We moved the sidewalks to the garden ( The Garden)

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Lynn and I have started building our new concept garden for next season. It consistes of 18 in wide wooden walkways around 4 ft growing zones (12 of them). We see a lot of pluses to it , No dirt tracking in, very little weeding, able to work it in the rain. I'm even considering erecting a wire structure similar to what is on p97 of the new Countryside, but using smaller mesh to keep critters out during summer and to be a greenhouse in winter. Lynn is planning to plant this new plot and our current traditional to compare yeilds. Let ya'll know next year what the scores are.

-- Jay Blair (jayblair678@yahoo.com), October 12, 2000


Built my first raised bed last year for this years harvest. Lost 75% of my pepper plants to hail storms. Still had more from the ones remaining than ever before. Can't say enough good things about them. I too will be building more, with walkways in between. I like the cheap barn they built in the latest issue. Might try to adapt a similar approach.

-- Ed Weaver (edzreal@postmaster.co.uk), October 12, 2000.

Ed, Like I said, that quonset/tarp barn would be great with small mesh to keep the birds out of the garden. A setup like that and a homesteader could run a roadside stand year round for extra cash. I'm glad to know raised beds do so good and like I told my wife, I don't think my arthritic/spastic legs will complain about the easier access.

-- Jay Blair (jayblair678@yahoo.com), October 12, 2000.

Raised beds are great -- if you keep your garden small! We seem to perpetually get it too big, and there is more weeding (which all has to be done by hand in the raised beds) than we can keep up with! When we are moved, we are going back to rows for most of the garden so we can cultivate with a horse (for a small market garden as well as our personal food supply).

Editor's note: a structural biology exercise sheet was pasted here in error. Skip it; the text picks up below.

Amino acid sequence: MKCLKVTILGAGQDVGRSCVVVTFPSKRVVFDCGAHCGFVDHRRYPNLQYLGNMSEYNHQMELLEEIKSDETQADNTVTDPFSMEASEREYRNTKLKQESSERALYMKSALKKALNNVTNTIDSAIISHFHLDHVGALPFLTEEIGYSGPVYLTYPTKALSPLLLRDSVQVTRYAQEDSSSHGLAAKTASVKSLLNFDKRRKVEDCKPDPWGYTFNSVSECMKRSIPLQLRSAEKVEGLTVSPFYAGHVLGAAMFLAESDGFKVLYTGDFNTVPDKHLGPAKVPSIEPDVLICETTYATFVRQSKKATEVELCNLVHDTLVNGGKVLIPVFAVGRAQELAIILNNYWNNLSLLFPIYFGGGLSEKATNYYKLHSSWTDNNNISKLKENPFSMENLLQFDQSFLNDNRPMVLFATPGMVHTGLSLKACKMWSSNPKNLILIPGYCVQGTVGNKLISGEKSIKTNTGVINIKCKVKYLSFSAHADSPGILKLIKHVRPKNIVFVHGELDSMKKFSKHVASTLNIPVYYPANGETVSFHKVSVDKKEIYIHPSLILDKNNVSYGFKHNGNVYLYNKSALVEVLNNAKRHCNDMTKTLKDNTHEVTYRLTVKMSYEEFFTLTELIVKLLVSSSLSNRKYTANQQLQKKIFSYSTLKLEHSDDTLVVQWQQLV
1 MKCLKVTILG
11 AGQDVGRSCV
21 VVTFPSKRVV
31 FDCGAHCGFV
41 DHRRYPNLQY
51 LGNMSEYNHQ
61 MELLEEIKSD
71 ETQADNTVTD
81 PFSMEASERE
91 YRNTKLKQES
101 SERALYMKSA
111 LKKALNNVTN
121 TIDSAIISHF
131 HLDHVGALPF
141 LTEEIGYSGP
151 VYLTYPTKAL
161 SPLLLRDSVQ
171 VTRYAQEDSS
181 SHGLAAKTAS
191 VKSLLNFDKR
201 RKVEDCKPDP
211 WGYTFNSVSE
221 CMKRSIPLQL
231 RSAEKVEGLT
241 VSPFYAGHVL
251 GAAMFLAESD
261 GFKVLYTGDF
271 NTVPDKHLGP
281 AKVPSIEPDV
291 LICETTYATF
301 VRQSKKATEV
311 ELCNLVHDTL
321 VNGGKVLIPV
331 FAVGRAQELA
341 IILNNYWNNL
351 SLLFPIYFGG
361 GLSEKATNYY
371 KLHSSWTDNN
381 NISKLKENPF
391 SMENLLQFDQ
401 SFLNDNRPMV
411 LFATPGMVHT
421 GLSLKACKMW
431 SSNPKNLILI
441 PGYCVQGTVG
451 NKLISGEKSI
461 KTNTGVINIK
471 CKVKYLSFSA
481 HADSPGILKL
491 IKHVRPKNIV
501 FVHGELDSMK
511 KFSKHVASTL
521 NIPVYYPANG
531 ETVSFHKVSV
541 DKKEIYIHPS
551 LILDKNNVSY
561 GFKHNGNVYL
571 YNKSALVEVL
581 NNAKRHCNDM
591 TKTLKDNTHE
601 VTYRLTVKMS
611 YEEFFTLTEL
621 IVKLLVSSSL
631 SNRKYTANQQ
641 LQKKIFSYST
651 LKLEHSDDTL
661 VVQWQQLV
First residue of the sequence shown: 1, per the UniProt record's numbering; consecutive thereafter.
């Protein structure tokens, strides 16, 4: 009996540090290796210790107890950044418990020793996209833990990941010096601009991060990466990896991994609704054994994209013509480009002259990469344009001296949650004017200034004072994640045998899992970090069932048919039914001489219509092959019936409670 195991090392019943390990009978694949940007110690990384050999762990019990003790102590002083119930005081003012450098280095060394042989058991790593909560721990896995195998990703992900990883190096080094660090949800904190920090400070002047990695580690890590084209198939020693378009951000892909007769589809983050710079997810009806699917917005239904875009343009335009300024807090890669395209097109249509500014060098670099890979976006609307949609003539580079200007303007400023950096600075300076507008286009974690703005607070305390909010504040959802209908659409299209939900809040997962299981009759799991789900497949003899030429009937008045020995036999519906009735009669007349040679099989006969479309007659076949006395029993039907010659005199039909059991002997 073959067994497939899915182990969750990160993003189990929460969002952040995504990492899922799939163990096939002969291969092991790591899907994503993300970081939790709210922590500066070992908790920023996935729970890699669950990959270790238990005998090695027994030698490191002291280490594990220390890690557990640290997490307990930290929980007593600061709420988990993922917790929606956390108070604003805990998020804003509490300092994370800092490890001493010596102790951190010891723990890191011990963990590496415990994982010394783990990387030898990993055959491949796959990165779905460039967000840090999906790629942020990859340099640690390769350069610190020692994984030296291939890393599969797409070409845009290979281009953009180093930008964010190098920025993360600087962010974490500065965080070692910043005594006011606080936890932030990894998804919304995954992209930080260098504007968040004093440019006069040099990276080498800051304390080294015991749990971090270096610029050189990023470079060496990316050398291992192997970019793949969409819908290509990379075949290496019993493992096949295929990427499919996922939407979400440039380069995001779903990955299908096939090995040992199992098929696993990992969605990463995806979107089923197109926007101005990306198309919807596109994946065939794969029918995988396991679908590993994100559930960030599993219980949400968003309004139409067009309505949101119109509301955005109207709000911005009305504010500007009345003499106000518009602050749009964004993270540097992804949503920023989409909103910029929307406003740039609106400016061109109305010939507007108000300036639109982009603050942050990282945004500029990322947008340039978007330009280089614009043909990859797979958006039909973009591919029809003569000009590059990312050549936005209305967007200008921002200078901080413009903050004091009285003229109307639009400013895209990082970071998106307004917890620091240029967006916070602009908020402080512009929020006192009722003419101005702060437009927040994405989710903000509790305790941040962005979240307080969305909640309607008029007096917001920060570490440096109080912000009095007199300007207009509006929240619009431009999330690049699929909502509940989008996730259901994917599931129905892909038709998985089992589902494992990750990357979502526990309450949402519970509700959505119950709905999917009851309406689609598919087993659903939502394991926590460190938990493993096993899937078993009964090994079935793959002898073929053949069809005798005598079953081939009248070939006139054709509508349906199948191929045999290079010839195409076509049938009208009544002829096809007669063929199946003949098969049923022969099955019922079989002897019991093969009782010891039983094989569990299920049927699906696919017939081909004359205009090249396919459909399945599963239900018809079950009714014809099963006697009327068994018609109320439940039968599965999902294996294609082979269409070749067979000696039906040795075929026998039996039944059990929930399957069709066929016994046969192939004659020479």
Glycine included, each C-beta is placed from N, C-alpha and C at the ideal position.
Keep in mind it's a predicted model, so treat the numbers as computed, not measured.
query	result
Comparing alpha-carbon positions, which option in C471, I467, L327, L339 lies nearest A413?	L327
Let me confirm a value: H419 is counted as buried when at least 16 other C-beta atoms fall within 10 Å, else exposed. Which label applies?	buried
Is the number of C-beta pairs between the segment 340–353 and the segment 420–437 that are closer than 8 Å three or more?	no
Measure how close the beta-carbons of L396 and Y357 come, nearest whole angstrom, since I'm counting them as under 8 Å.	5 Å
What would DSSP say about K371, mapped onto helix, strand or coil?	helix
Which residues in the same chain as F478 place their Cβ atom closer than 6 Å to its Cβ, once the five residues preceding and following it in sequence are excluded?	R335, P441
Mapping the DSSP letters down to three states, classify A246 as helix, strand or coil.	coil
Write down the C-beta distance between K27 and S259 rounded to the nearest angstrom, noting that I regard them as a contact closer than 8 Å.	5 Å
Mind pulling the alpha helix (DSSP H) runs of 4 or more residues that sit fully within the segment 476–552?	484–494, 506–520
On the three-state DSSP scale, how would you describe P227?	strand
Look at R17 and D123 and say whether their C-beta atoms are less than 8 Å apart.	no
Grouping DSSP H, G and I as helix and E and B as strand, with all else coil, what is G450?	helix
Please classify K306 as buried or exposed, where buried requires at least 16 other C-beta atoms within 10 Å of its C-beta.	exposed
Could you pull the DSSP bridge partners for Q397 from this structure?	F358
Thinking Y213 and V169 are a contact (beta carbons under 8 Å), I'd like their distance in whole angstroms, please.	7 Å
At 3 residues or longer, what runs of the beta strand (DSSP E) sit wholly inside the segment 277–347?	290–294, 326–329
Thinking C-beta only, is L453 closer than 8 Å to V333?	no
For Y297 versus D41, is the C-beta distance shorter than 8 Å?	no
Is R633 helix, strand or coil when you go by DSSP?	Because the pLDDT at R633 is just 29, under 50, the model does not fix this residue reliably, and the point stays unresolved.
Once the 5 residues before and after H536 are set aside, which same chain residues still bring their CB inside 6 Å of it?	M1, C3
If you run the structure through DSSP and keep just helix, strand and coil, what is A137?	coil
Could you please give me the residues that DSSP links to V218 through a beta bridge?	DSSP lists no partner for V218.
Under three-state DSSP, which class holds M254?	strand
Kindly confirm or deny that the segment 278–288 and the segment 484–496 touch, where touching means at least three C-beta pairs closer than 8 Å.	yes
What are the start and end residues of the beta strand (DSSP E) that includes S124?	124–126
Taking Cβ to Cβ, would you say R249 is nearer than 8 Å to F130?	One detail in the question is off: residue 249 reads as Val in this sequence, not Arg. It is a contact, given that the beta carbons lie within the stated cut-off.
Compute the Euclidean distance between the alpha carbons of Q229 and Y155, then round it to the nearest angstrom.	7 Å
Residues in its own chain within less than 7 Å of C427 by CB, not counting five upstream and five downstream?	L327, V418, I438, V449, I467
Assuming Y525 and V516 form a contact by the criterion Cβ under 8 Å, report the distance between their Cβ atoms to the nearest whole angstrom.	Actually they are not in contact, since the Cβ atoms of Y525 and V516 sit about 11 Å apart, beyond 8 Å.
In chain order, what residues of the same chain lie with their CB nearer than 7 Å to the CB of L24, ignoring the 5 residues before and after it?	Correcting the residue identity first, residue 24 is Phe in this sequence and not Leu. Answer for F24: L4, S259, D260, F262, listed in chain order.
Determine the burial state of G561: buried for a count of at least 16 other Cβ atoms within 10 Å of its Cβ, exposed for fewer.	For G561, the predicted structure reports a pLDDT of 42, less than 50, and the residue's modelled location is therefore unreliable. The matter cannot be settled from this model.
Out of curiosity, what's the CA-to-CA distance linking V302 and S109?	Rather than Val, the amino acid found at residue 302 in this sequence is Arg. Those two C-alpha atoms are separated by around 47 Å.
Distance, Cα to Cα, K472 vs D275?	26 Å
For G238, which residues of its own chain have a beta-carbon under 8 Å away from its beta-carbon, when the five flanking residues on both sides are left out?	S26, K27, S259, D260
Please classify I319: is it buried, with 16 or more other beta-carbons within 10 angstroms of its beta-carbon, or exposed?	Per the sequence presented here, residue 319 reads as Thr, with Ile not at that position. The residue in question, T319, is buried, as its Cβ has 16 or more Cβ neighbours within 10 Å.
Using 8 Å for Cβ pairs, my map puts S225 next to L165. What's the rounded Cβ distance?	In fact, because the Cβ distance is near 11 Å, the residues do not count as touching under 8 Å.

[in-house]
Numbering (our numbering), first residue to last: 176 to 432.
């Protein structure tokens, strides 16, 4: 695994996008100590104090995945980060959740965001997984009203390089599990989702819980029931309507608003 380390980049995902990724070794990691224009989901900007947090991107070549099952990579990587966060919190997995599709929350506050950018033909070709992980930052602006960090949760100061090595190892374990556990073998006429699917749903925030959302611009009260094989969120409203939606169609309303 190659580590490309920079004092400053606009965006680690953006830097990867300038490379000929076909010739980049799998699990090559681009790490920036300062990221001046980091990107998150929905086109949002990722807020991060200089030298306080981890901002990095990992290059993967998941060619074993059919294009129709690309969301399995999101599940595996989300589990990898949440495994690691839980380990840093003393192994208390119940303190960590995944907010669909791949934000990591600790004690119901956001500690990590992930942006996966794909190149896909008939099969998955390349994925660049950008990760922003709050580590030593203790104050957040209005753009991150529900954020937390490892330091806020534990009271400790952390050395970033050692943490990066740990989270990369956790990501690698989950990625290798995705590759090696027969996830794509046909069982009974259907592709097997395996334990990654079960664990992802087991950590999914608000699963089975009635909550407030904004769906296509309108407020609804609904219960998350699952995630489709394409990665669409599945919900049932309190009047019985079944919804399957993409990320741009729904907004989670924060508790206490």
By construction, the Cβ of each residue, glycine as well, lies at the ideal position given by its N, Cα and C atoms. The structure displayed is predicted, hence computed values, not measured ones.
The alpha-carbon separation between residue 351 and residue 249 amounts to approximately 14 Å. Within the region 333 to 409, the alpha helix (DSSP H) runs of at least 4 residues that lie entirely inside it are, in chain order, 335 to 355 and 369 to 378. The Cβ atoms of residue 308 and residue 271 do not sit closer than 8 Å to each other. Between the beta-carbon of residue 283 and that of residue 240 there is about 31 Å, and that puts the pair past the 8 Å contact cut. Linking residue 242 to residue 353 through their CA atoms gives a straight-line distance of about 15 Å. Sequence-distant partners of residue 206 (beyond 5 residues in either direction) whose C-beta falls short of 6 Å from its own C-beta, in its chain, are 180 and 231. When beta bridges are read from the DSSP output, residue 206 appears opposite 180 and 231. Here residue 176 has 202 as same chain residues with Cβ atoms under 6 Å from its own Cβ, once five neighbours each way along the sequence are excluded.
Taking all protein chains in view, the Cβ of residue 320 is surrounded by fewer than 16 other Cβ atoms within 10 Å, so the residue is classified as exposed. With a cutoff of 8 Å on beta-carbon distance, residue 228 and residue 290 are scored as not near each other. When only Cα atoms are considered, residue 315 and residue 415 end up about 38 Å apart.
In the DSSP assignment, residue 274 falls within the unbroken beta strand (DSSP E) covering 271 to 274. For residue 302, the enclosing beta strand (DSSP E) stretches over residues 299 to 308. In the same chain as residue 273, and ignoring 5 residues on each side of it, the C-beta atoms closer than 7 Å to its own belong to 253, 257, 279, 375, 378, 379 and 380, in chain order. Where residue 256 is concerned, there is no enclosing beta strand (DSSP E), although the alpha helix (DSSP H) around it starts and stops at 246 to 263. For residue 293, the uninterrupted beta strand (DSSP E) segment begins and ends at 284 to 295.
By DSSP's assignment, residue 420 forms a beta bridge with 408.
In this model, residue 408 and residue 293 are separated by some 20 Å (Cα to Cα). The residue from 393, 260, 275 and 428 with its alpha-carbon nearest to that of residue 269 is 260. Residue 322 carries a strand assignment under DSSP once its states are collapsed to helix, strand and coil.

I like those little barns, too -- can see a lot of uses for them, and I don't think you'd have to pay property taxes on them, as they are not permanent structures with a foundation. That's an important consideration around here, where everything you do is taxed!

I found a web site for "drought" gardening -- http://www.soilandhealth.org/03sovereigntylibrary/0302% 20homestedlibrary/030201/03020100frame.html -- and he recommends that if you can't water your garden, you should use a lot wider spacing between plants than normal. (He started out with raised beds.) It allows the plants roots to not have to compete for what water there is. This is why, in the arid regions, the plants are so spaced out. Anyway, this is what we will go to, even though MOST summers here see adequate rainfall, so we don't have to worry about irrigation.

-- Kathleen Sanderson (stonycft@worldpath.net), October 13, 2000.

If they tax em, you could always put it up , take it down, put it up, drive the appraisers crazy.

-- Jay Blair (jayblair678@yahoo.com), October 15, 2000.

We do a similar thing using mulch instead of a wood walkway. If you want the walkway to last it needs to be treated but you dont want the chemicals from the wood in your soil. You could use the "plastic woods" that people are using for decks but thats expensive. A few bags of mulch does it for us.

-- Gary (gws@redbird.net), October 18, 2000.

Gary, You hit on the answer to what I told my wife, when the walks rot they practically become mulch. Thanks.

-- Jay Blair (jayblair678@yahoo.com), October 18, 2000.

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